|Download|| [x86]: Deathray.dll
Deathray is an OpenCL GPU accelerated spatial/temporal non-local means de-noising filter.
The following software configurations are known to work:
- AMD Stream SDK 2.3 and AMD APP SDK 2.8.1
- AMD Catalyst 10.12 and 13.8 beta 2
- Windows Vista 64-bit and Windows 8 64-bit
- NVidia software is known to work but drivers unknown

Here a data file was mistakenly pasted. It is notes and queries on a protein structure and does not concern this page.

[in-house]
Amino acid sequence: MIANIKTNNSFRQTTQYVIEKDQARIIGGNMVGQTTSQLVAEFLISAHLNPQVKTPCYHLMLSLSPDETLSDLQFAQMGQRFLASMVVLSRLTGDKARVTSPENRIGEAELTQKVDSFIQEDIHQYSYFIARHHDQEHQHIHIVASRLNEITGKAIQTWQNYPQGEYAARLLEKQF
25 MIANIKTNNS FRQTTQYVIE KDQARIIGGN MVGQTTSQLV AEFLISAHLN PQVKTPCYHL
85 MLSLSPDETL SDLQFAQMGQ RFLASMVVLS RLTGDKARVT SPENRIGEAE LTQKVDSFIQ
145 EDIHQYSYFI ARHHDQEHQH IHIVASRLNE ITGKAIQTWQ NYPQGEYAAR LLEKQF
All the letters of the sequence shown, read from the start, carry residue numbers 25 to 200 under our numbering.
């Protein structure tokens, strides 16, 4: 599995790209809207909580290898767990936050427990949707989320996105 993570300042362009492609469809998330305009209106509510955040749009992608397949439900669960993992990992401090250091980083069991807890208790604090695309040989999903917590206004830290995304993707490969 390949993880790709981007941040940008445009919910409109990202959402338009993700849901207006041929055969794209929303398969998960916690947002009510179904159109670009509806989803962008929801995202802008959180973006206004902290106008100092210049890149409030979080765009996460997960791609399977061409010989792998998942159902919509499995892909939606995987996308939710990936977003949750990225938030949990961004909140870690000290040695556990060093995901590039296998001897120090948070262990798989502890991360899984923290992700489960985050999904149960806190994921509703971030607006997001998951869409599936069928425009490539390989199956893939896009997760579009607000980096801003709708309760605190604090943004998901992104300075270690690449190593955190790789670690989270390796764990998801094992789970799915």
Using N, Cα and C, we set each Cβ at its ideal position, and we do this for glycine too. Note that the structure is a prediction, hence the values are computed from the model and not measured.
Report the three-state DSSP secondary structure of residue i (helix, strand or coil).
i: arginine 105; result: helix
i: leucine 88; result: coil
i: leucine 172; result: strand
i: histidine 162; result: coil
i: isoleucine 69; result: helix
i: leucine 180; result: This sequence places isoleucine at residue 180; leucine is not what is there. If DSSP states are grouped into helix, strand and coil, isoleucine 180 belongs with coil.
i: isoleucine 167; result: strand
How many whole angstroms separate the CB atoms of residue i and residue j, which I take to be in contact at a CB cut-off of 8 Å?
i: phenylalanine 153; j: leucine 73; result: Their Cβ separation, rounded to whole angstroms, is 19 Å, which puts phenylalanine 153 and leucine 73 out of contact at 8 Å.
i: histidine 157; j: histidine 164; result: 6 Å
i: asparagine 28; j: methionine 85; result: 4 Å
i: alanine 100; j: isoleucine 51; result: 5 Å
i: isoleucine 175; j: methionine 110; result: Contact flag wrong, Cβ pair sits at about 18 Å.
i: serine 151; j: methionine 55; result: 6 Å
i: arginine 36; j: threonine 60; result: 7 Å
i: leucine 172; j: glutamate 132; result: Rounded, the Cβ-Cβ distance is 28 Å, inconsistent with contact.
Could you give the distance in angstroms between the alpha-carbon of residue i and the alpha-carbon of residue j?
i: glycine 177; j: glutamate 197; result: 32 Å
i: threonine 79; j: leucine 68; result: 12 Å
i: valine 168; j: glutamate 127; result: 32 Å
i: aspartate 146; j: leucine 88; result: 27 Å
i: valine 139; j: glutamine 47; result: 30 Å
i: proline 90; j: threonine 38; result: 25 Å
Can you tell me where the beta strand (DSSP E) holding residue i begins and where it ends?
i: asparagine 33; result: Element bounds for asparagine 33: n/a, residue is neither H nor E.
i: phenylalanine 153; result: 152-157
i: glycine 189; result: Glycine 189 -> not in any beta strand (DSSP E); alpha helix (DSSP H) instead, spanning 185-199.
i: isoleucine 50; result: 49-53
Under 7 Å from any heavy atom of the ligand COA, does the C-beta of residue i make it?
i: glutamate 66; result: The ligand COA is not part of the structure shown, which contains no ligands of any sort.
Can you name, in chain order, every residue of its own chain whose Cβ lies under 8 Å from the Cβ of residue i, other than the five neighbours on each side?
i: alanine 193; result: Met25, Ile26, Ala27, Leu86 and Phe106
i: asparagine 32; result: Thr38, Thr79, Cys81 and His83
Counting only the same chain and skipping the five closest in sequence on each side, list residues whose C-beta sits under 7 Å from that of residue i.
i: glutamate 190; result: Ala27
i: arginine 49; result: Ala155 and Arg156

The following hardware configurations are known to work:
- ATI HD 5870
- AMD HD 7770
- AMD HD 7970
- Various NVidia, models unknown
Known non-working hardware:
- ATI cards in the 4000 series or earlier
- ATI cards in the 5400 series